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Wisconsin Air Guard Meeting Deployment Challenges in Guam

  • Published
  • By Vaughn R. Larson,
  • Department of Military Affairs

MADISON, Wis. - More than 100 members of the Wisconsin Air National Guard’s 128th Air Refueling Wing have been deployed to Andersen Air Force Base in Guam since December, supporting the 506th Expeditionary Air Refueling Squadron as part of the U.S. Pacific Command.

Maj. Gen. Paul Knapp, Wisconsin’s adjutant general, recently visited the 506th and said the deployed Wisconsin Air National Guard Airmen were making quite an impression.

“It’s clear they are intent on leaving the mission better than they found it,” Knapp said. “They are all in, not content to simply do the minimum effort.”

Lt. Col. Michael Pauls, the officer in charge of the deployed 128th ARW members supporting the 506th EARS, said the deployment has been challenging but successful.

“We have been tasked with dozens of high-priority missions all over the Pacific area of responsibility,” Pauls said. “The aircrews have been enjoying the different mission sets flown these past two months. Within one week, they could be refueling a reconnaissance aircraft over disputed waters, supporting a B-1 bomber on a short-notice recall mission, or being on alert in Alaska.”

The 128th Airmen are part of an effort to provide in-flight refueling for fighter aircraft, airlift assets and bombers to support continuous bomber task force presence and theater security packages in the Pacific region. 

The Indo-Pacific Command is one of six U.S. geographic combatant commands, encompassing roughly half the Earth’s surface — stretching from the U.S. west coast to the western border of India and reaching from the North Pole to Antarctica.

“With heightened tensions in today’s world, we have a very important mission,” said Senior Master Sgt. Ryan Branz, aerospace ground support equipment production supervisor on this mission. To cover the busy scheduling demands, they “assembled an A team and a B team, each to work every other day — including weekends and holidays. Those shifts range anywhere from 10 to 14 hours to cover early launches, late recoveries and countless maintenance actions. 

“We’ve also been tasked with several forward deployments within the Indo-Pacific Command area of responsibility,“ he said. “During this timeframe, a third of the maintenance crew is gone, leaving us operating with a skeleton crew here. No one complains about the long hours. Everyone is raising their hand to volunteer when asked to step up.”

Lt. Col. Kristin Rebholz, deployed 128th officer in charge of maintenance, said the variety of missions is keeping the refuelers on their toes.

“The forward deployments at the beginning of our trip provided arctic weather training and support,” Rebholz said. “The small teams from maintenance that were sent out learned how to maximize their skills with limited personnel and, at times, limited resources and still made the mission happen — which is great and what we expect to happen.”

Senior Master Sgt. Jeffrey Lampe, an aviation resource manager, said flexibility is key to the deployed Airmen learning to work together and accomplish the mission.

“The individuals on this deployment performed above and beyond expectations,” Lampe said. “I couldn’t have asked for a better group to be with.”

While the 506th Expeditionary Air Refueling Group is a permanent resident of the U.S. Air Force’s 36th Operations Group, it is staffed by Air National Guard members from air refueling units across the country. The 506th depends on Air National Guard KC-135 Stratotankers to work alongside active-duty and Air Force Reserve aircraft to provide the aerial refueling and airlift capabilities that support critical U.S. Indo-Pacific Command missions.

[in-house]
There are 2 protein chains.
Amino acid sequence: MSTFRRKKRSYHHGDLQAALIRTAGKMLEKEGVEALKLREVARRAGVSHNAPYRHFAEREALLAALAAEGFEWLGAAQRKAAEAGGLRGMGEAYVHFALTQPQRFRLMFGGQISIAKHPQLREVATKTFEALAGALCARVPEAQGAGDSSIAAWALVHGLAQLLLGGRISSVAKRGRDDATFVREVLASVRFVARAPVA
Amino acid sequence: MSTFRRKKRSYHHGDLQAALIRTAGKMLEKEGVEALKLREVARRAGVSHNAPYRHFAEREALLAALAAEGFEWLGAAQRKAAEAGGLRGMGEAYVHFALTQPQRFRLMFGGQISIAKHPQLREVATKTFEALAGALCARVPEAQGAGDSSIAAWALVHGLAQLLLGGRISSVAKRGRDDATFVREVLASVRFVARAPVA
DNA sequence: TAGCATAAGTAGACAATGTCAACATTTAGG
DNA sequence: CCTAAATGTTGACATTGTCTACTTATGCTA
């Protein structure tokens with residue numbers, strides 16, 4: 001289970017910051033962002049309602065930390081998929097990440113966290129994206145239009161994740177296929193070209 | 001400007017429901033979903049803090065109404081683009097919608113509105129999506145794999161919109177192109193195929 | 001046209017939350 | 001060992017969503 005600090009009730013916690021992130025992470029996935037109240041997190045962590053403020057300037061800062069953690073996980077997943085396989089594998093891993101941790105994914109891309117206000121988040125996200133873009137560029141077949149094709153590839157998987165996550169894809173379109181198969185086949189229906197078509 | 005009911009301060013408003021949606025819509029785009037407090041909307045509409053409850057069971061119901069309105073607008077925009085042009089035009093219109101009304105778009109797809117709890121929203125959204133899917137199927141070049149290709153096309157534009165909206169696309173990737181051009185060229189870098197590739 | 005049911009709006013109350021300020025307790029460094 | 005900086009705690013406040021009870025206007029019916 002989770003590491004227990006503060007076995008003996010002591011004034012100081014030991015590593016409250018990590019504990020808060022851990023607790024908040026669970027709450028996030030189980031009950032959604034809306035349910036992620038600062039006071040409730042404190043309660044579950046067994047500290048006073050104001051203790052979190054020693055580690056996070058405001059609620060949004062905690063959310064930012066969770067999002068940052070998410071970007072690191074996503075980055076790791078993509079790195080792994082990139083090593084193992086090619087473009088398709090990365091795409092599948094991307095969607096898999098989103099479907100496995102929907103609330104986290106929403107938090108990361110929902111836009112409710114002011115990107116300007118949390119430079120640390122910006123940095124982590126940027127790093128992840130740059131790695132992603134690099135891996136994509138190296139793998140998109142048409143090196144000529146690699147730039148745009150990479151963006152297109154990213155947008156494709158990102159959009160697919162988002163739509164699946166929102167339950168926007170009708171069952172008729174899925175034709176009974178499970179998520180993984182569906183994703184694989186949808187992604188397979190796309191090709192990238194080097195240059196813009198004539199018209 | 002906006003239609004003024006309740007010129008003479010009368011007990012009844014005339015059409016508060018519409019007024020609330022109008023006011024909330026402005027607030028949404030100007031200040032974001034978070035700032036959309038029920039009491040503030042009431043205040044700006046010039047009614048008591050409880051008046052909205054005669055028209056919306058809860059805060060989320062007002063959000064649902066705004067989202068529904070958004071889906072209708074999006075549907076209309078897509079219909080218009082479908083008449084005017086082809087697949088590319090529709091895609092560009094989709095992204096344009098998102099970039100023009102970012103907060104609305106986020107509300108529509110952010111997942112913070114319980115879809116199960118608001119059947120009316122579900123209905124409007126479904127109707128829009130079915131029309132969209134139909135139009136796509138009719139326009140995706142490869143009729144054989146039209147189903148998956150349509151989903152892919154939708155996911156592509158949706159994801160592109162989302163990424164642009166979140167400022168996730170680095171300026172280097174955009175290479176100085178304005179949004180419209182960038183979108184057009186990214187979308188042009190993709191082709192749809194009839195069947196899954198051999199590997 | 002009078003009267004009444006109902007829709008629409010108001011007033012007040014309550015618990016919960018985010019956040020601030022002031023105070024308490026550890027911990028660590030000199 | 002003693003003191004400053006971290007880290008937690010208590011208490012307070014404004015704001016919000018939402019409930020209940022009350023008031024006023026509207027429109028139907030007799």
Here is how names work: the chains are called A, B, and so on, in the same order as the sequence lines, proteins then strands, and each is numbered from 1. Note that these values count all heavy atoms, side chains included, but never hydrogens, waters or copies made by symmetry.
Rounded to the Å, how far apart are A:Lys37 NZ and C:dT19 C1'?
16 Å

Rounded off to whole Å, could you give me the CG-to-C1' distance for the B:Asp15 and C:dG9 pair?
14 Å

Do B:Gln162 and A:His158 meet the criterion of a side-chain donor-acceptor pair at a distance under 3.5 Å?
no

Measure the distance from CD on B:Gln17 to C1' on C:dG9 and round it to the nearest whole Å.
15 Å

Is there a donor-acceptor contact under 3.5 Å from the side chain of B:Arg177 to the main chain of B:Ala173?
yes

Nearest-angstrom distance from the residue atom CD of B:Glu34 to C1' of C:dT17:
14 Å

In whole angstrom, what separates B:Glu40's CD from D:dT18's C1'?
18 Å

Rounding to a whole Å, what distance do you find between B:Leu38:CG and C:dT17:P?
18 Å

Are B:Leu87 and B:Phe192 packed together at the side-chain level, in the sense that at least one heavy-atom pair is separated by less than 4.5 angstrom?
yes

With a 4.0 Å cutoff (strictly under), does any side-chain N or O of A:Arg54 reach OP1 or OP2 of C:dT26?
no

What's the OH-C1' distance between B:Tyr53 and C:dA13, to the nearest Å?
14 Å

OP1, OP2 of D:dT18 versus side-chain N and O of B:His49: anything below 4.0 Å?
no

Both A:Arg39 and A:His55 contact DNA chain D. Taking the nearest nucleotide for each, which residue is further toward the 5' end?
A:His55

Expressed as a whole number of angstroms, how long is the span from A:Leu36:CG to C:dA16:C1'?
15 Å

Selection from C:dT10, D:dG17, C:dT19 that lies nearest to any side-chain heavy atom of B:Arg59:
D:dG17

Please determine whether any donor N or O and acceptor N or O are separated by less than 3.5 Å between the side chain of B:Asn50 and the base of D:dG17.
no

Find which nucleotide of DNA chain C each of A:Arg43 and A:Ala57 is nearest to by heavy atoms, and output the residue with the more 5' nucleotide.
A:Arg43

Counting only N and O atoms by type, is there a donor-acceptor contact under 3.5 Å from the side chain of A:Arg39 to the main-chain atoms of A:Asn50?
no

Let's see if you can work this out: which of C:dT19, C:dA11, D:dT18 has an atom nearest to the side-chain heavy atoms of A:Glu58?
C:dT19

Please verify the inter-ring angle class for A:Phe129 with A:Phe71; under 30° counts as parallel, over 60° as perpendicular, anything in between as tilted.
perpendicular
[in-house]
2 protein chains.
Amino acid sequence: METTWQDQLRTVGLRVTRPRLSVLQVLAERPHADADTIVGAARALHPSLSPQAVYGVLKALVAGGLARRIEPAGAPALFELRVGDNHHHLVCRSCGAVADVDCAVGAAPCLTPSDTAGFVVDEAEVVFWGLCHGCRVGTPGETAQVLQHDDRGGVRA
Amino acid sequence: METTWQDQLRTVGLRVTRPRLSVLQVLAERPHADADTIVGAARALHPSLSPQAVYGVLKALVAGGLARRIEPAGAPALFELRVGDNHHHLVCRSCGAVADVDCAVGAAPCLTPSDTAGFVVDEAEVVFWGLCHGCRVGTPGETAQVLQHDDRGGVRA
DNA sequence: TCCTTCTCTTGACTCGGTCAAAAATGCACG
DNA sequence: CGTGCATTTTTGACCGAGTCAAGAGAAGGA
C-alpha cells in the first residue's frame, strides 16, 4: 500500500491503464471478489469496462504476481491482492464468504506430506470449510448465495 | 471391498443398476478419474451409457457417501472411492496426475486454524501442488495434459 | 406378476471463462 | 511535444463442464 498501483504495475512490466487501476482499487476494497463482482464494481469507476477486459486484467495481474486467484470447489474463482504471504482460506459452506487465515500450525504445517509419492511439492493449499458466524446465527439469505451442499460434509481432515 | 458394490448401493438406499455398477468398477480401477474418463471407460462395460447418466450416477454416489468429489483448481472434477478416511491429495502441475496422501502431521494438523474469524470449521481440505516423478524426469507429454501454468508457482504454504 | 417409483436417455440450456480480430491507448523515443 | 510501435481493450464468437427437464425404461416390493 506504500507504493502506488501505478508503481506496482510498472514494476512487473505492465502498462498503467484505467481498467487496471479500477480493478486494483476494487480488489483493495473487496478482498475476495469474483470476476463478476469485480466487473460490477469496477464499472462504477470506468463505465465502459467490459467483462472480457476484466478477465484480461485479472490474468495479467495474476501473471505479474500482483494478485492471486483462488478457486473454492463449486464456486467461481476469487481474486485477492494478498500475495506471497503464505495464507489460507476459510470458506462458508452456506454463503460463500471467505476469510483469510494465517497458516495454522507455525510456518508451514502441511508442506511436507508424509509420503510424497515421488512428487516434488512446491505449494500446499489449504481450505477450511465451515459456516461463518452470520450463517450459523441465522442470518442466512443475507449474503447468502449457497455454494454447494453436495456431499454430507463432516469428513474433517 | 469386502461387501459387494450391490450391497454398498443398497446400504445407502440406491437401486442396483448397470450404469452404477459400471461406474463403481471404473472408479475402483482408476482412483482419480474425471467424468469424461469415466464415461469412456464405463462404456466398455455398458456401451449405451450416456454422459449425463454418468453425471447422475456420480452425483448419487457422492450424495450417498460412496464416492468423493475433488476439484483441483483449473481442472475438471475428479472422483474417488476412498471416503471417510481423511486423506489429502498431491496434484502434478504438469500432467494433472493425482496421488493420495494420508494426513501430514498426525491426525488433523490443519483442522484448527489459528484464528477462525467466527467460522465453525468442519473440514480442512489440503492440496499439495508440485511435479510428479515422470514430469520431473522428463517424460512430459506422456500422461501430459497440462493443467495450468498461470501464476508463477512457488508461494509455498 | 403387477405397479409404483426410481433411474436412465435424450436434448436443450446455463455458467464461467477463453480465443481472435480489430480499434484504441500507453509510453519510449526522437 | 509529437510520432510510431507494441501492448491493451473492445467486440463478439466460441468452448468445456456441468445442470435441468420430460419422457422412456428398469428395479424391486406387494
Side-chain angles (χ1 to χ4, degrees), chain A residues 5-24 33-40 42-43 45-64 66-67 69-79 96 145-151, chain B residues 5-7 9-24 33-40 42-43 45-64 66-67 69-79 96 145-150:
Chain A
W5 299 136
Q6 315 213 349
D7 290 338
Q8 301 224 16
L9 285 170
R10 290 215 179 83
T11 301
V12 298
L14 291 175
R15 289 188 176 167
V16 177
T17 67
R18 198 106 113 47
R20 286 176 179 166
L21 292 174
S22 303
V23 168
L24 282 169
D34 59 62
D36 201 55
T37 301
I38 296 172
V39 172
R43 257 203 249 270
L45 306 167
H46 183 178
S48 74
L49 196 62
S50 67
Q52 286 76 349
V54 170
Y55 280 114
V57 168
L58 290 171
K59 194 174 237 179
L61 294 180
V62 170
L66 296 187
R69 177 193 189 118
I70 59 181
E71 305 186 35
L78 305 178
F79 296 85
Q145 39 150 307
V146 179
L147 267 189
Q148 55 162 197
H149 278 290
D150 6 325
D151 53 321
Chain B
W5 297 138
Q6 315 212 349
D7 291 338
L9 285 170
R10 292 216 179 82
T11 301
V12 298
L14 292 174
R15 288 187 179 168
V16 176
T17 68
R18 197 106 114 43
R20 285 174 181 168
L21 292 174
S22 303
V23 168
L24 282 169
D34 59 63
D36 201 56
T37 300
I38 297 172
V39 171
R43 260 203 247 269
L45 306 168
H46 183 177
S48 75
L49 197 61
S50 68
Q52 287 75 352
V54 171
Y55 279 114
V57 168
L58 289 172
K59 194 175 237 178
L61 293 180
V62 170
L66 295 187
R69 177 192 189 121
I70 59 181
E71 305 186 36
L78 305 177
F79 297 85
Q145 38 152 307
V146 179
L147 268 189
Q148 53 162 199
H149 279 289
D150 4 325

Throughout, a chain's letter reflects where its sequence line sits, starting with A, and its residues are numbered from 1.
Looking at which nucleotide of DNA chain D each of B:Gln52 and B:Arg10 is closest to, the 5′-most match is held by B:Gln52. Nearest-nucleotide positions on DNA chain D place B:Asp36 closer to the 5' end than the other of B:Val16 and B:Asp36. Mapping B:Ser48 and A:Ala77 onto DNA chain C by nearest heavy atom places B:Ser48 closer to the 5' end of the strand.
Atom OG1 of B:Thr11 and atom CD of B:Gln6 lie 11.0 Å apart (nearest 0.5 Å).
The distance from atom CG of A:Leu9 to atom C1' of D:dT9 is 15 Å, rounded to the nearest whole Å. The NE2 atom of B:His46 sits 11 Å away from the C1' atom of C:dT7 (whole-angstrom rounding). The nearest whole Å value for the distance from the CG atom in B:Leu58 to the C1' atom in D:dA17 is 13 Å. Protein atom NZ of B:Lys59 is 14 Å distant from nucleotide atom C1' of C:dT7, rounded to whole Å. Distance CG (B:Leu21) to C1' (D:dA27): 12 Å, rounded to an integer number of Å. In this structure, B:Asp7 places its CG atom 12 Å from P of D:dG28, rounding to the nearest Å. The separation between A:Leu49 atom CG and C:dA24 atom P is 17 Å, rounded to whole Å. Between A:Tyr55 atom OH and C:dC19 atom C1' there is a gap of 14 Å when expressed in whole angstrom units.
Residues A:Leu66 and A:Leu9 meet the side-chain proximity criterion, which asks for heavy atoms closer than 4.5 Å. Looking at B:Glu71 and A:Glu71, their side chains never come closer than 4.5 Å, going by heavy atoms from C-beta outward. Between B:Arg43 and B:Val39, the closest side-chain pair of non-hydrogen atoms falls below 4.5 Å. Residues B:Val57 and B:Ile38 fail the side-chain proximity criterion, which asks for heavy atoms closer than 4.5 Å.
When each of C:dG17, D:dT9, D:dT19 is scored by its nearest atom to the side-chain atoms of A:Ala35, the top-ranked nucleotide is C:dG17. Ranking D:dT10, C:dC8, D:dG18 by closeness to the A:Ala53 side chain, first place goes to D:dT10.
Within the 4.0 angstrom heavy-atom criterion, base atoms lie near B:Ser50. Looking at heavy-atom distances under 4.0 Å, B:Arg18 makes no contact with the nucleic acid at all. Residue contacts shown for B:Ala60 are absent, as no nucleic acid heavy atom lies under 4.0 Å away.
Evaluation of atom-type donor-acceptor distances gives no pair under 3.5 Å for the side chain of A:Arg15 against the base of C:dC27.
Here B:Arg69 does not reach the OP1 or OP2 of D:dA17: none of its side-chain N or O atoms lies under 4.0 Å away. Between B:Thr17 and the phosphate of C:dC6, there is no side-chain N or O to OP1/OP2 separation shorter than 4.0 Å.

Rebholz said learning from their active-duty counterparts has been valuable, and the deployed 128th Airmen are also trying to educate them on what the National Guard brings to the table.

“In Milwaukee, we have better autonomy, relationships built and a hard-working culture that really wants to get the job done,” Rebholz explained. “Being the ‘guest unit,’ you spend a lot of time getting acclimated, trying to explain your importance and existence, and shortly after it’s time to go.”

She said the deployed Airmen have learned quite a bit so far — information they can share with the home unit when they return.

“I loved seeing the increased camaraderie and teamwork the deployment was bringing about among the Airmen,” Knapp said. He presented challenge coins to some of the 128th Airmen and members of the Guam National Guard supporting the visit.

Tech. Sgt. Lavontae Harper, a boom operator, said “flexibility is the key to airpower” has been their motto on this deployment.

“With the ever-changing and growing mission here in the Pacific, our deployers have shown nothing but professionalism and resiliency,” Harper said. 

“In 16-plus years, I’ve never had a better trip,” said Master Sgt. Chad Crull, a metals technician. He said seeing service counterparts and international partners participate in Pacific Command exercises has been great.

“This kind of training is especially valuable and salient today as we work to ensure our military is prepared for any conflict, especially in the increasingly strategic Pacific regions,” Knapp said.

This is the first deployment for many of the 128th ARW Airmen, and certainly the first to Guam for others. But the 128th has deployed to Guam in the past.

“The deployments we completed to Guam less than a year ago look completely different,” Pauls said. “The Air Force is moving to the Agile Combat Employment construct in the way we employ airpower. Andersen is the petri dish for that as we learn in the tanker community to develop an expeditionary mindset.”

The 128th ARW Airmen expect to return in late March.